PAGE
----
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Monday, June 18, 2012

An old {Dresden Plate} ? quilt survived the washing machine.

I thought it was a Dresden Quilt, but no, I've got the wrong name for this pattern. I think it is a Grandmother's Flower Garden quilt. 

Yes, this Grandmother's Flower Garden quilt fared better despite my impulsive treatment. This one, too, went into the washing machine, but did not come out un-stitched, separated or frazzled. Well, it was already a bit frazzled, simply by age and the rough treatment it had long before it arrived in my hands.

This quilt and its partner Crazy Quilt, which I wrote about in yesterday's blog page, were used as padding for moving furniture. The story I know (but no doubt hardly the beginning of the story) began in Lynnfield, Massachusetts, at a small cottage turned home, in the early nineteen seventies.

My brother-in-law's sister was leaving her home,  and my husband and brother-in-law were helping to pack up her belongings. The two quilts had somehow found their way to her, and in turn now found their way to me.

This one, the Dresden Plate or Grandmother's Flower Garden, was in fairly good shape and pleasantly colored and patterned, and so I used it to cover the clothes dryer in the front entry room of our first home. It was there for a few years until we, too, were moving to a larger home, our 'forever' home, our 'happily ever after' home. This home has a laundry behind doors, and so the quilt and its partner were tucked away in storage, first in an upstairs closet, and later relegated to the shop's office in the barn. There it stayed for several more years.

Recently, after talking with someone who knows old quilts, and knows people who are interested in preserving women's history through the quilts they made, I brought the two orphan quilts back into the house. We were planning to hold a local quilter's exhibition at the town library, and I thought these two might make interesting topics of conversation.

But, as I explained yesterday, the quilts were musty and needed cleaning, and impulsively, without thought for their age, I put them in the washing machine.  This one, at least, came through its ordeal intact.

View of University of Massachusetts Lowell, Lo...
To protect them from any further unintended damage, my plan is to offer them to the New England Quilt Museum in Lowell, Massachusetts. I'm told that the workers and volunteers of the museum have begun a registry for quilts made in Massachusetts. Lowell was a major textile manufacturing center, and women in large numbers made up a considerable portion of the labor force.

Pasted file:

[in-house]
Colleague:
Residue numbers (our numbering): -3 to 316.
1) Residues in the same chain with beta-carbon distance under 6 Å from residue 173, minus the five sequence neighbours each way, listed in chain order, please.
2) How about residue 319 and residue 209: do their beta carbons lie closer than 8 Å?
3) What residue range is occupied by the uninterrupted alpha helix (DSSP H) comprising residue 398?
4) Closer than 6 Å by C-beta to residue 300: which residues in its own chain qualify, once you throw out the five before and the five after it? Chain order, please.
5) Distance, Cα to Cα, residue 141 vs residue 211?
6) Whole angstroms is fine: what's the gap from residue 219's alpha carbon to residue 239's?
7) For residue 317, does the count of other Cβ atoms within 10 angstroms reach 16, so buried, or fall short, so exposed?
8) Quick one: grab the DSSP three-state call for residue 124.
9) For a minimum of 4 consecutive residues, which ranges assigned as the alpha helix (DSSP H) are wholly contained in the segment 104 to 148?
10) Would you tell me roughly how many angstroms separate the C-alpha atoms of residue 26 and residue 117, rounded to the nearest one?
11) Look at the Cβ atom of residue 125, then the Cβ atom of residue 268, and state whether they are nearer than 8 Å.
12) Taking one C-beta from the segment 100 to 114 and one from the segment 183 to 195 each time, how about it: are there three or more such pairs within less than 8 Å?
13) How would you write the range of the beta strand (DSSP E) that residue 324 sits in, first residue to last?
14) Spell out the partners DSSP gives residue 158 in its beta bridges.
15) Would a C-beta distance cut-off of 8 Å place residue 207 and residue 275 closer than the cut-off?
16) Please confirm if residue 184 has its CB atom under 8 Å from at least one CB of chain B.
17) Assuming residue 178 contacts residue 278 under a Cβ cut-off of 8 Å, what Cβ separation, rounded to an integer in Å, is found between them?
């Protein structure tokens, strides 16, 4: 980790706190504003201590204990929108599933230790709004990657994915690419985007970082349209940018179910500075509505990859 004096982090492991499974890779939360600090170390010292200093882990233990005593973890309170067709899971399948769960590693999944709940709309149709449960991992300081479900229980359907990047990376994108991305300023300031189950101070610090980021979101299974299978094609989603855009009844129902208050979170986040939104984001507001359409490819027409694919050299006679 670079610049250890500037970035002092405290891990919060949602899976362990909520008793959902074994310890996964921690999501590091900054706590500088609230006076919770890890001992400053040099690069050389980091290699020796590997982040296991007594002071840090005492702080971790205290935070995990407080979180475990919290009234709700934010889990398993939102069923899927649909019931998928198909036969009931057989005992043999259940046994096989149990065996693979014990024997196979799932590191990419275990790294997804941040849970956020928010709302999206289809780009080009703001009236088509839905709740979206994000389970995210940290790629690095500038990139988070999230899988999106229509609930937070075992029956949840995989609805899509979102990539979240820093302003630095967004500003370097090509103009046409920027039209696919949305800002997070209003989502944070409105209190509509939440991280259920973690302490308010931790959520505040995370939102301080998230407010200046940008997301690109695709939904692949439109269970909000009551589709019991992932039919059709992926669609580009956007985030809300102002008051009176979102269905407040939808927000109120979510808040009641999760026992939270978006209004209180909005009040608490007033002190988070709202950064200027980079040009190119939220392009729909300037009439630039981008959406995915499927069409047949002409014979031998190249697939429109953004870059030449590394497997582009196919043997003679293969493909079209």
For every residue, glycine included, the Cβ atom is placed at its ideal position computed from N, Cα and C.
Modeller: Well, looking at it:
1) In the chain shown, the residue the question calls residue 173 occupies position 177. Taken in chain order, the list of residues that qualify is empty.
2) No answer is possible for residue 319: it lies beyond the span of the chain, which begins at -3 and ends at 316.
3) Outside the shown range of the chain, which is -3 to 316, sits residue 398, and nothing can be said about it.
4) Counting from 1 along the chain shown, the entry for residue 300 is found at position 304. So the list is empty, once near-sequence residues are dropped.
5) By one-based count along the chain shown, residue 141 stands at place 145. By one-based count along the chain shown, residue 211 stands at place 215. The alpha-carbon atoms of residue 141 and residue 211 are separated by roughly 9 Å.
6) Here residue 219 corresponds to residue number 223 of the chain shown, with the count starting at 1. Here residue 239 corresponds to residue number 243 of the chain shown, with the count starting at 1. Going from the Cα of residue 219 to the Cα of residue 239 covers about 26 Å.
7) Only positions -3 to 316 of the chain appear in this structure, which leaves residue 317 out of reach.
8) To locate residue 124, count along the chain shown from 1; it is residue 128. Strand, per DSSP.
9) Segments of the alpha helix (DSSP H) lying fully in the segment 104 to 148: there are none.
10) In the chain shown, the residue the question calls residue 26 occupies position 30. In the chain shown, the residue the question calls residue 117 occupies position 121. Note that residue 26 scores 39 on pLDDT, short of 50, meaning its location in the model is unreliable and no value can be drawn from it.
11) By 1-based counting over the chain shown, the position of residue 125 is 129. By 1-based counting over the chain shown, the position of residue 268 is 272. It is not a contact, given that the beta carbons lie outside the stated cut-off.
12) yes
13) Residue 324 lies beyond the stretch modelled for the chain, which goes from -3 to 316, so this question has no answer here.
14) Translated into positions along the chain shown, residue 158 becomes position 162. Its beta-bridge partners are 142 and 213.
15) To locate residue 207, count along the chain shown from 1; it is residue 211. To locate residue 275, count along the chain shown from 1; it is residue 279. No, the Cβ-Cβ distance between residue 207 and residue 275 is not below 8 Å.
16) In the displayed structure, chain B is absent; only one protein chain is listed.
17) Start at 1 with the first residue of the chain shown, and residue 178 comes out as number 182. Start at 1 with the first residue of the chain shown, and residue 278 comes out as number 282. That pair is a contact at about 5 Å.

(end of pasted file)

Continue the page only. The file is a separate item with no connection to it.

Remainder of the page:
The materials in both these quilts are varied and include many patterns that might well be the patterns produced in the Lowell Mills. If the museum will have them, I'll feel that the circle is complete, and these quilts will be appreciated for the art they represent. One is so carefully measured, cut, and symmetrically arranged to create a calm, pleasing pattern; the other is as carefully measured and cut but creates a disjointed, oddly-patterned abstract form of art.

Each one complements the other, showing that not all women think alike. Their quilts are their legacy, finally being told and celebrated in Lowell, and through Lowell, around the world.  Lowell has sent quilts for exhibition in Padukah, Kentucky, and to Japan.

Readers can visit the quilt museum personally or virtually. I'll put a link to the museum at the bottom of this page, and one to the story of the Lowell Mill Girls, and I encourage you to visit them, and consider supporting their efforts.
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  1. I've been to Lowell, MA, gave a four-day seminar there some years back, and somehow I missed this main attraction. Darn.

    1. Hi David,
      What was your seminar on?

      Thanks for stopping and commenting here. Lowell has a great deal to offer ... terrific community organization! I'm only a few towns and one county away!

      Be well, David.

  2. Terry, I enjoyed this entry as my first visit and introduction to your blog. Funny you should mention the NEQM and the mill girls. I visited two friends from Australia and one from your neck of the woods there last month and wrote about the NEQM with photos. If interested, it would be in older posts, and I think it was May 9th I wrote it. Do you know Stella who used to volunteer at the NEQM? She's from Newburyport. Marsha

    1. Hello Marsha,
      Welcome to the blog. This is the first week I've decided to dedicate pages to my quilt activities, so I'm glad you popped in at this time!.
      No, I don't know Stella (at least by name - I am terrible at forgetting names now, due to Multiple Sclerosis's effect on short term memory.)I will look up your blog and read the post you referred to.
      Thanks for checking in here. Be well!


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